Architects Draw: Freehand Fundamentals (Architecture Briefs)

Architects Draw: Freehand Fundamentals (Architecture Briefs)

Sue Ferguson Gussow

Language: English

Pages: 160

ISBN: 1568987404

Format: PDF / Kindle (mobi) / ePub

Where does architectural design begin? In an age obsessed with all things digital, it's tempting to envision a computerscreen in a paperless studio. While the practical value of computer-aided drafting and photorealistic modeling areindisputable, but you won't find the soul of architecture in the machine. Look instead at an architect's drawing hand. Ideas flow onto the paper through the uniquely human creative collaboration between mind and eye. Architects Draw, the inaugural volume of our new Architectural Briefs series, highlights this most fundamental level of speculative designfreehand drawing.

Architects Draw offers a practical and invaluable way to help students and would-be sketchers translate what they see onto the page, not as an imitation of reality, but as a comprehensive union of voids and solids, light and shadows, lines and shapes. For nearly forty years, revered Cooper Union professor and artist Sue Gussow has taught aspiring architects of varying abilities how to fully observe and perceive the spaces that make up our physical environment. Gussow skillfully applies architectural language to twenty-one drawing exercises that tackle a variety of formsfrom peas in a pod to monkeys, skeletons, dinosaur bones, and the art of Giacometti and Mondrian. She shows, for example, how cut fruit and paper bags reveal that the physical world is made up of planes, dimensions, and enclosed space.

Architects Draw features examples from postgraduate architectural practice that explicitly connect drawing to the world of architecture. This unique course provides a solid foundation for anyone interested in using drawing as a visual language to describe architecture.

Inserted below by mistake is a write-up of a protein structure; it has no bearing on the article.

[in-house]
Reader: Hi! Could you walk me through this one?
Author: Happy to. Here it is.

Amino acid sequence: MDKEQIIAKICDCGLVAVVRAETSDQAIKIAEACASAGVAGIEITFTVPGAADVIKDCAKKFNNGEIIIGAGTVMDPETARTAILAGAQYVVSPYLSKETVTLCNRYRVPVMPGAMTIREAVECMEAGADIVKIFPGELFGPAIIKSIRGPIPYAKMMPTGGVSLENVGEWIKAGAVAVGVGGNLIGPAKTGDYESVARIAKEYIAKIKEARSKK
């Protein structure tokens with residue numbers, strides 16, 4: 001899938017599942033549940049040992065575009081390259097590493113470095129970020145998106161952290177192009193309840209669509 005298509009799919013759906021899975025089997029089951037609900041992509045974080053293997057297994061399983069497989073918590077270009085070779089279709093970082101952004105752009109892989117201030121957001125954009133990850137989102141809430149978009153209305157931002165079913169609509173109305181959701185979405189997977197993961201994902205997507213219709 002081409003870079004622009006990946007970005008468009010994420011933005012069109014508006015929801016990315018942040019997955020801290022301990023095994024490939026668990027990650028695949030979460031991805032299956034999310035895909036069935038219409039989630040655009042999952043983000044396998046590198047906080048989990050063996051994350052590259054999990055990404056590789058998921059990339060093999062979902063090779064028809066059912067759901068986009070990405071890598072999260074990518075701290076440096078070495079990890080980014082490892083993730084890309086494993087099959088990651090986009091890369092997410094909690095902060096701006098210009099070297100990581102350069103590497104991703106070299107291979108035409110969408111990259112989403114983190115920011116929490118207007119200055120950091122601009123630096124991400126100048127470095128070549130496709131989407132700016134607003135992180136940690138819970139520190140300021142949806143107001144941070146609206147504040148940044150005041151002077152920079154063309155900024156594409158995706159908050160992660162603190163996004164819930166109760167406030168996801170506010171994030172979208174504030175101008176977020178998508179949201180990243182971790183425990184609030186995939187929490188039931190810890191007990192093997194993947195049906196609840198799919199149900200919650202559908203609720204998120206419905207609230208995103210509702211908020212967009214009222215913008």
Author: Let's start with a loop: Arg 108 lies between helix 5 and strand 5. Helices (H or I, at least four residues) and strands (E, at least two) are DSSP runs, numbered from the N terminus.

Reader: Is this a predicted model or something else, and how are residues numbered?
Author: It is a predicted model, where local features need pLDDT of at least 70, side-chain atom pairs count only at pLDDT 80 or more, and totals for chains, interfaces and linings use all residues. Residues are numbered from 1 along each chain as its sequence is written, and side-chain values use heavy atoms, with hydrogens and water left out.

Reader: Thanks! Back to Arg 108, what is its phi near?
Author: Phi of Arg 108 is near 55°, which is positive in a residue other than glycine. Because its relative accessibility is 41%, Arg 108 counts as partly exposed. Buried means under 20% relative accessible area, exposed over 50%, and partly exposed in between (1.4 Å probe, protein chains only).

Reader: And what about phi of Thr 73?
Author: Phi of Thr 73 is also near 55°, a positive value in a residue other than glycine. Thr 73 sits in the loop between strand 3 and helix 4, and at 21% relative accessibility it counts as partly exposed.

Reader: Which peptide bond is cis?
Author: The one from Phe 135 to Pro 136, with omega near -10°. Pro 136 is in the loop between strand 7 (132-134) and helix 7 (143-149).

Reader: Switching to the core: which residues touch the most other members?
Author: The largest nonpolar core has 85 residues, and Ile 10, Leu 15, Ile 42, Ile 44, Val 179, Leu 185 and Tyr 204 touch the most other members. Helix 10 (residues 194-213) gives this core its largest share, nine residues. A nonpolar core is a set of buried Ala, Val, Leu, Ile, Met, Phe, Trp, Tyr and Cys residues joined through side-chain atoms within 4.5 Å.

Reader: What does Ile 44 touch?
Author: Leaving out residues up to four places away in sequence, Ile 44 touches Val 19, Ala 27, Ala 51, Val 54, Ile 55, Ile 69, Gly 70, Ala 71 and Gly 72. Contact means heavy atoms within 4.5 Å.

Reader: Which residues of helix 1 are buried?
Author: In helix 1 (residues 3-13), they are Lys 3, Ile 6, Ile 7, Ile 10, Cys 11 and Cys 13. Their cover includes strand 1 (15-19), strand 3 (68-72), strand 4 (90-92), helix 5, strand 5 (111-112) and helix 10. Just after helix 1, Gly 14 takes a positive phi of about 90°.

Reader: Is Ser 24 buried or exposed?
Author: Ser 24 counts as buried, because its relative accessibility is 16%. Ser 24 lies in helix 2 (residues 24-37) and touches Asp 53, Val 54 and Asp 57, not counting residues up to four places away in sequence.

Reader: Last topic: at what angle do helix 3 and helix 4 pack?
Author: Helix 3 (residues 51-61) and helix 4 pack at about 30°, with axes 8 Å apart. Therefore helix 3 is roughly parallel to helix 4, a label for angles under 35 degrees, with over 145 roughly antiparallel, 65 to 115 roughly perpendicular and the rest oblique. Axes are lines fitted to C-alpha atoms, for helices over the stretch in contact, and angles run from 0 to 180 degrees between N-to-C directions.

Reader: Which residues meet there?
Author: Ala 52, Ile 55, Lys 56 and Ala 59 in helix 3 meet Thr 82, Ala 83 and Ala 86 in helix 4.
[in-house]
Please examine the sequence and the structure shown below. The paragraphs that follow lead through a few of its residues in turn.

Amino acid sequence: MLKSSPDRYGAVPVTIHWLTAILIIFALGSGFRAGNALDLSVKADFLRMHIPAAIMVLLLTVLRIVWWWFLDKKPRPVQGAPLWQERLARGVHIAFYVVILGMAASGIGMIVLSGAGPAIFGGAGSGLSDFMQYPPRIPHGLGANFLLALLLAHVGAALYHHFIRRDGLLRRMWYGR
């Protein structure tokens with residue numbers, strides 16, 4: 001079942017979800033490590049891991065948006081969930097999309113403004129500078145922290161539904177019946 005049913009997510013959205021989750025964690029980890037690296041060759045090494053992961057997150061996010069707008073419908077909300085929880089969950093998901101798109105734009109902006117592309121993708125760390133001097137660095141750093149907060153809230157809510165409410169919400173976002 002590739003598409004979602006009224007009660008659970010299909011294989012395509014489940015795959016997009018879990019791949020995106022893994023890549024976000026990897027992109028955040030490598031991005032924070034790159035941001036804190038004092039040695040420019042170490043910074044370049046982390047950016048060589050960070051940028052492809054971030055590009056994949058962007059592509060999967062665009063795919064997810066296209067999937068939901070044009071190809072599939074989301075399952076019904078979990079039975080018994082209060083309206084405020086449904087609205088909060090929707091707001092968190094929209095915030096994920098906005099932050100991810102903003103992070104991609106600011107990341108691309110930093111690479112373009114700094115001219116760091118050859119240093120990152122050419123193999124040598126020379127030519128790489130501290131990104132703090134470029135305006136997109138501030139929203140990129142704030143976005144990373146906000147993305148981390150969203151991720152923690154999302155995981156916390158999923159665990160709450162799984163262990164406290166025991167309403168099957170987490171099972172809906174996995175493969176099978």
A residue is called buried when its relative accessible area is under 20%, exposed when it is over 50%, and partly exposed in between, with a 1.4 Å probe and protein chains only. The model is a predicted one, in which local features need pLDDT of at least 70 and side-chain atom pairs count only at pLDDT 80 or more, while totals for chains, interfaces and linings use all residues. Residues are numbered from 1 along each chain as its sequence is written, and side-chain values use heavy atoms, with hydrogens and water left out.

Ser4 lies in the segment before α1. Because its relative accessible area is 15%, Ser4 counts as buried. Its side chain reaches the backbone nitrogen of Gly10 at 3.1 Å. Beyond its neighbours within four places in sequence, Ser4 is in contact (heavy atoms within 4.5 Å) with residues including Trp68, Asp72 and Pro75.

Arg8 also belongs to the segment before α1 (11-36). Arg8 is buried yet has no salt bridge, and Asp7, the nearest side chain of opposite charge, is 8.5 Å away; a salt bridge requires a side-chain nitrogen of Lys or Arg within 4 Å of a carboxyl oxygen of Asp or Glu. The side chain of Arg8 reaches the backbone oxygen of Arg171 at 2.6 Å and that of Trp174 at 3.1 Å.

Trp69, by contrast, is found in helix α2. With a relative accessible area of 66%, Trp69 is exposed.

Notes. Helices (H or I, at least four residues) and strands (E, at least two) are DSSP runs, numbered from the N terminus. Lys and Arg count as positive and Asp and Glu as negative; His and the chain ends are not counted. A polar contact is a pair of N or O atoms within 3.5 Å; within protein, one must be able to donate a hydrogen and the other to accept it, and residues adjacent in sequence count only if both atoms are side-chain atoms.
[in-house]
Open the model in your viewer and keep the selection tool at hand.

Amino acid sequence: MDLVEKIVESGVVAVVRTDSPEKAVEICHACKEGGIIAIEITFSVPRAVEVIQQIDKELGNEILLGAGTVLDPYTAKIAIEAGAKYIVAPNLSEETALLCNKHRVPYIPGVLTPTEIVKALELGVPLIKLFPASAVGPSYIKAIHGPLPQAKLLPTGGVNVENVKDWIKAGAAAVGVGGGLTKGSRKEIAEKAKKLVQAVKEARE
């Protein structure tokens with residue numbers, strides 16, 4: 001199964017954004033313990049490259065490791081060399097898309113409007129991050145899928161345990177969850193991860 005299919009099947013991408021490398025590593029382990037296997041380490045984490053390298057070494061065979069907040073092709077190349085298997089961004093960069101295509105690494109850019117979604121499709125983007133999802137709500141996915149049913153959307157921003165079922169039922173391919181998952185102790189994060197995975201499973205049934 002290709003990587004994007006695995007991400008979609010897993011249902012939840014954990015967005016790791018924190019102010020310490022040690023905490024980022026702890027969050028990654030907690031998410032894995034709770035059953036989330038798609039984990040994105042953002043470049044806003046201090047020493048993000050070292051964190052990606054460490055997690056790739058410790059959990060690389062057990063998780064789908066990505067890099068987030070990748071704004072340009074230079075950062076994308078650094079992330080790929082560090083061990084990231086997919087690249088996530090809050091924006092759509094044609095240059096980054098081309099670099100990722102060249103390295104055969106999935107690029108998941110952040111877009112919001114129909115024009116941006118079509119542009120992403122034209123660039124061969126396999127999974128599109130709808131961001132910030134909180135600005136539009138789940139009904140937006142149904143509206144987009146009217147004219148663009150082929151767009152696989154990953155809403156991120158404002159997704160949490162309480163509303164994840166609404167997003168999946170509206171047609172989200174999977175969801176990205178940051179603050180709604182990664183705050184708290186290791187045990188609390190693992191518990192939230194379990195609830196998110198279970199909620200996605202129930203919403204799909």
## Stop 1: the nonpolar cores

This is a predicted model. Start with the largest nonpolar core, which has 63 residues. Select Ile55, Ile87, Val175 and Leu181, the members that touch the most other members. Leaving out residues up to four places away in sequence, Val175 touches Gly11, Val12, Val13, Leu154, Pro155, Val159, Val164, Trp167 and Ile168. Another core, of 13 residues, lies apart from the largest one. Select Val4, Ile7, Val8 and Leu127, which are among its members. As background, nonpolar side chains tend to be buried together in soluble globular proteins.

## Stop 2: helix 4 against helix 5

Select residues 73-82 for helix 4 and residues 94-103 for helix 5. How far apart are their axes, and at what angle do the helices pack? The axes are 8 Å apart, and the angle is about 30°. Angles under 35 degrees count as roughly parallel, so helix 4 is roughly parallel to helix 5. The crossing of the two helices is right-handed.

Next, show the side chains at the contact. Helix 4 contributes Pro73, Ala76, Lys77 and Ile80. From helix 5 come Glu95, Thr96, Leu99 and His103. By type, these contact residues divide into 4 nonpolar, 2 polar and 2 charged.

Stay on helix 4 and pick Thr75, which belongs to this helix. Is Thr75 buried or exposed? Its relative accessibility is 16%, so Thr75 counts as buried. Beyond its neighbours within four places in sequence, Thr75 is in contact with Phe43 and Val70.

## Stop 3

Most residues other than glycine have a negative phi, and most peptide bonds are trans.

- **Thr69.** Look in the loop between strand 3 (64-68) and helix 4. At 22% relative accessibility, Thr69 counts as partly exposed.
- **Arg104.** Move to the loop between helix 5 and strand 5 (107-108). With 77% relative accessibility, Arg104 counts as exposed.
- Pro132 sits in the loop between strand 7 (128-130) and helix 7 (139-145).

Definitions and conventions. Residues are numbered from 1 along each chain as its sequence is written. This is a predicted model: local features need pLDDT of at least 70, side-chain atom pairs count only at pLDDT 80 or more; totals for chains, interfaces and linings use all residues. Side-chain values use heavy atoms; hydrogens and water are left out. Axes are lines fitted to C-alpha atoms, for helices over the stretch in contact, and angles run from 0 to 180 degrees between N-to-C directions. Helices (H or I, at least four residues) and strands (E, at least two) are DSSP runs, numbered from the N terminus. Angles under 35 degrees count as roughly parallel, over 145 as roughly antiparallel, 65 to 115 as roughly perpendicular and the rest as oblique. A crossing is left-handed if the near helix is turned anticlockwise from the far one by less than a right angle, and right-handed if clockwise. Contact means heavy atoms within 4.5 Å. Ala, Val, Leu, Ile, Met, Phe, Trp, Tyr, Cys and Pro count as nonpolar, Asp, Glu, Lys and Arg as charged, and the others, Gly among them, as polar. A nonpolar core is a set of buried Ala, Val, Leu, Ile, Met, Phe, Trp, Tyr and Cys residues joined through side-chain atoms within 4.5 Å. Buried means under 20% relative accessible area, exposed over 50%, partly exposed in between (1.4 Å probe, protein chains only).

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space and the abstract pathway that the shape of tone creates on the surface of the page. 1 hour. Note: At the critique of these drawings, slides are shown of Raphael’s tonal studies for his Vatican Stanza fresco, The School of Athens, in the Stanza della Segnatura, Rome, Italy (1510–11). The entire composition is presented F IGURE 2 Although based on the blind-contour method, the drawing does not strictly adhere to it. (For a classic rendition, see “Bell Peppers,” p. 22.) In this drawing, the

that you will have a consistent perspectival reference throughout the drawing process. Focus and negative space are critical issues. If the focus is the tree(s) in foreground or middle ground, minimize architectural notations or eliminate them altogether using geometric blocks of negative space. Use architectural detail judiciously as a counterpoint to the trees. Reduce the repetition of banks of windows to negative spaces when appropriate. When windows are attended to in detail, differentiate

work from the generic to the specific and contain in them the magic of visual surprise. Surprise is the thing that caught your eye—the thing you did not expect to see. The question of what and how much to generalize, simplify, or edit out—and, conversely, what elements to emphasize, detail, and particularize—is crucial to the creative process. The balance struck between these two polarities must always be at the forefront of the critical discussion about the work. Reread the paragraph and draw

on rice paper. FIGURE 18 right Pablo Castro and Jennifer Lee, sketch for PS1 BEATFUSE! installation, 2005. Watercolor, ink and pencil on sketchbook paper. 170 FIGURE 19 above Castro and Lee, PS1 BEATFUSE! installation, Long Island City, New York, 2006. FIGURE 20 left Castro and Lee, sketch for PS1 BEATFUSE! installation, 2006. Pen and ink wash on sketchbook paper. 171 FIGURE 21 left Karen Bausman, plan drawing of Warner Brothers’ Performance Theater, Los Angeles, California, 1999.

Grouping and regrouping three or more bulbs (and a number of their separated cloves) creates a continuing space/design strategy. The structural arrangement of an individual garlic bulb is markedly different from the walled hollow of the bell pepper. Here, a compact mass of curved cloves is attached at bottom to a disc-shaped base from which a mop of roots descends. The compacted cloves are shaped snugly to one another around a very slender central core. The flesh of each clove is wrapped in its

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